Hey there, time traveller!
This article was published 3/12/2012 (1661 days ago), so information in it may no longer be current.
The city’s proposed 2013 operating budget is pegged at $72.2 million.
City treasurer Dean Hammond presented council with a preliminary budget overview Monday night, which includes a mill rate increase of 1.99 per cent.
"Based on the input that council has received from the public budget forum and the information that they receive from the public consultation on Dec. 12, that number could totally change depending on the will of council," Hammond said.
This year’s proposed mill rate is 19.45, compared to 19.07 in 2012. As an example, if your home was assessed at $200,000, they take 45 per cent of that value and apply the mill rate to that amount to determine the property tax.
An average home assessed at $200,000 would pay $1,750 in property taxes in 2013, if the budget stays as is. That’s an increase of $34 from 2012.
The operating budget is funded by grants, revenues and tax levies. The 2013 utilities budget of $18.1 million is funded by water rates.
The assessment base grew by approximately two per cent this year.
"As the city grows, we have more properties, whether it be residential or commercial that are essentially paying taxes, so that’s a good thing. I mean the growth helps us, we’re essentially spreading the expenses over a larger city," Hammond said.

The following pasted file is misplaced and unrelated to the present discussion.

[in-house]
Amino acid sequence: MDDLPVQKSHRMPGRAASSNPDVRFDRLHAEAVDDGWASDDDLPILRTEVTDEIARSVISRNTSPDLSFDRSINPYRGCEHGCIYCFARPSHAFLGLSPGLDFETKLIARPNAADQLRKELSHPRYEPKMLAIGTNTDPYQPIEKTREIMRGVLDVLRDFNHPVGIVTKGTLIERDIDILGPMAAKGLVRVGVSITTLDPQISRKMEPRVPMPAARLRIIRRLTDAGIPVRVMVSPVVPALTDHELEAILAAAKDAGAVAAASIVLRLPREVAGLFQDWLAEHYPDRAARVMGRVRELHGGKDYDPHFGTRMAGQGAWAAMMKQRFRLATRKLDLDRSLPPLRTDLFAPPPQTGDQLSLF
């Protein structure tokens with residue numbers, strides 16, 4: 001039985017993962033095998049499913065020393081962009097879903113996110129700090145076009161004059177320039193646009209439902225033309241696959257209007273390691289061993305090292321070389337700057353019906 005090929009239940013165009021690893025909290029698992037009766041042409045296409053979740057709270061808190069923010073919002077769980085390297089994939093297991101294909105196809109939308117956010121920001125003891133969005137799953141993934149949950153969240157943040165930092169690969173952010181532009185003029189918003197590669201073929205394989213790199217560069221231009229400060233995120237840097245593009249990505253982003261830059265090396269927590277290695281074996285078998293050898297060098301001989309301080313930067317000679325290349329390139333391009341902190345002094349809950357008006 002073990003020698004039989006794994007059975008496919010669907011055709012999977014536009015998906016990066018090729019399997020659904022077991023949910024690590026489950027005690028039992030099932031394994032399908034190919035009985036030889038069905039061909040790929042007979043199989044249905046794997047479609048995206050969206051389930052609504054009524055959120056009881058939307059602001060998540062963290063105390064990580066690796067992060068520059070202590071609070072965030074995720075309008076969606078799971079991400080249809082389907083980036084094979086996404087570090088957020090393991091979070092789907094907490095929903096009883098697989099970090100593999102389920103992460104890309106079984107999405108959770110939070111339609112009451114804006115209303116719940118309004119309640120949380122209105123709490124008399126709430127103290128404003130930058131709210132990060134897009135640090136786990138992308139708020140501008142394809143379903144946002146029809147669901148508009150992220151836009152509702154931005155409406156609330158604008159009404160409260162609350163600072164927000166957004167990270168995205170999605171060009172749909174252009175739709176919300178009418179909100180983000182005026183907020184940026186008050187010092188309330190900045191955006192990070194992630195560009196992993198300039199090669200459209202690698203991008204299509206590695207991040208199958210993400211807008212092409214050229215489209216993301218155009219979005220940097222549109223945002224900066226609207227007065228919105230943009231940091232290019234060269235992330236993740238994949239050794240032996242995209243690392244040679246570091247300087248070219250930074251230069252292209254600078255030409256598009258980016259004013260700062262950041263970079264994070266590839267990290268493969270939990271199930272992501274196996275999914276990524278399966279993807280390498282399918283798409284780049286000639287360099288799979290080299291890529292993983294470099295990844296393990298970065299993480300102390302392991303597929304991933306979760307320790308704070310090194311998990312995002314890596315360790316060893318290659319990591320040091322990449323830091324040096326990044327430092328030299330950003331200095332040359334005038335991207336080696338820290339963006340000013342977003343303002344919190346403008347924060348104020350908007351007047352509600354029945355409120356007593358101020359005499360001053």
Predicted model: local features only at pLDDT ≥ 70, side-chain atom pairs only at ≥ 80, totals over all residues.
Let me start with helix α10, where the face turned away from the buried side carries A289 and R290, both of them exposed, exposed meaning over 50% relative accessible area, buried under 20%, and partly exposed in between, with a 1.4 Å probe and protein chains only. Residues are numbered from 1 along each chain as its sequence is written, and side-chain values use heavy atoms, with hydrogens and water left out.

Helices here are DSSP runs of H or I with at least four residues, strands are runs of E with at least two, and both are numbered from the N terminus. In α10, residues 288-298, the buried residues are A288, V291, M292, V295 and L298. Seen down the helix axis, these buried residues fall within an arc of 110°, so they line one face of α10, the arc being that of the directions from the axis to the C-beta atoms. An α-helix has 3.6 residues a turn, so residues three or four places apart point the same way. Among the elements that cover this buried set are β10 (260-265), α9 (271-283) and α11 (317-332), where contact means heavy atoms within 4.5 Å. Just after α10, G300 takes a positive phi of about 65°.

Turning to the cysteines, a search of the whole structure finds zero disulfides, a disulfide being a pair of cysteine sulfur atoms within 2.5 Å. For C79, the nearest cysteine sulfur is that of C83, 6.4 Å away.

Some of the budget "helps" this year include the fact that revenues from all non-tax categories are increasing, such as government grants, which takes some pressure off the taxpayer.
"We dropped off some debt this year," Hammond said. "We dropped off approximately $800,000 in utility debt, however we have the police station payment which is just over $1 million, which hurts us a bit."
The $500,000 that council put into the budget last year for additional infrastructure spending remains in the 2013 budget.
One of the budget "hurts" this year is the protective services collective agreements, which are in negotiation right now.
"So depending where those settlements land, of course there’s going to be increases in salaries for those areas," Hammond said.
It’s expected the protective services budget will increase by four per cent.
Infrastructure is staying relatively level.
"I’m pleased this year the way this budget came together," Hammond said. "We’ve done a really good job with keeping expenses under control."
City manager Scott Hildebrand tasked department heads with a three per cent goal, of either finding an additional three per cent in new revenues or a three per cent reduction in expenses.
"The goal … is not to cut expenses, but rather to have a sustainable decrease," Hammond said. "Something that’s not just for one year but will live forever."
Brandon Chamber of Commerce president Nate Andrews said the city has laid out the budget "reasonably well" for the general public to understand.
"People can now take some numbers and play with them to see how it’s going to affect them on their own tax bill," Andrews said.
Andrews said he’s looking forward to digging into the budget details.
"What we have to do is try to pull that thing apart and see if there’s other levels of efficiency in there because we believe there is," he said.
Hammond’s budget presentation will be available on the city’s website brandon.ca today.
Residents can weigh in on the topic Dec. 12, when the public budget consultation takes place at city hall.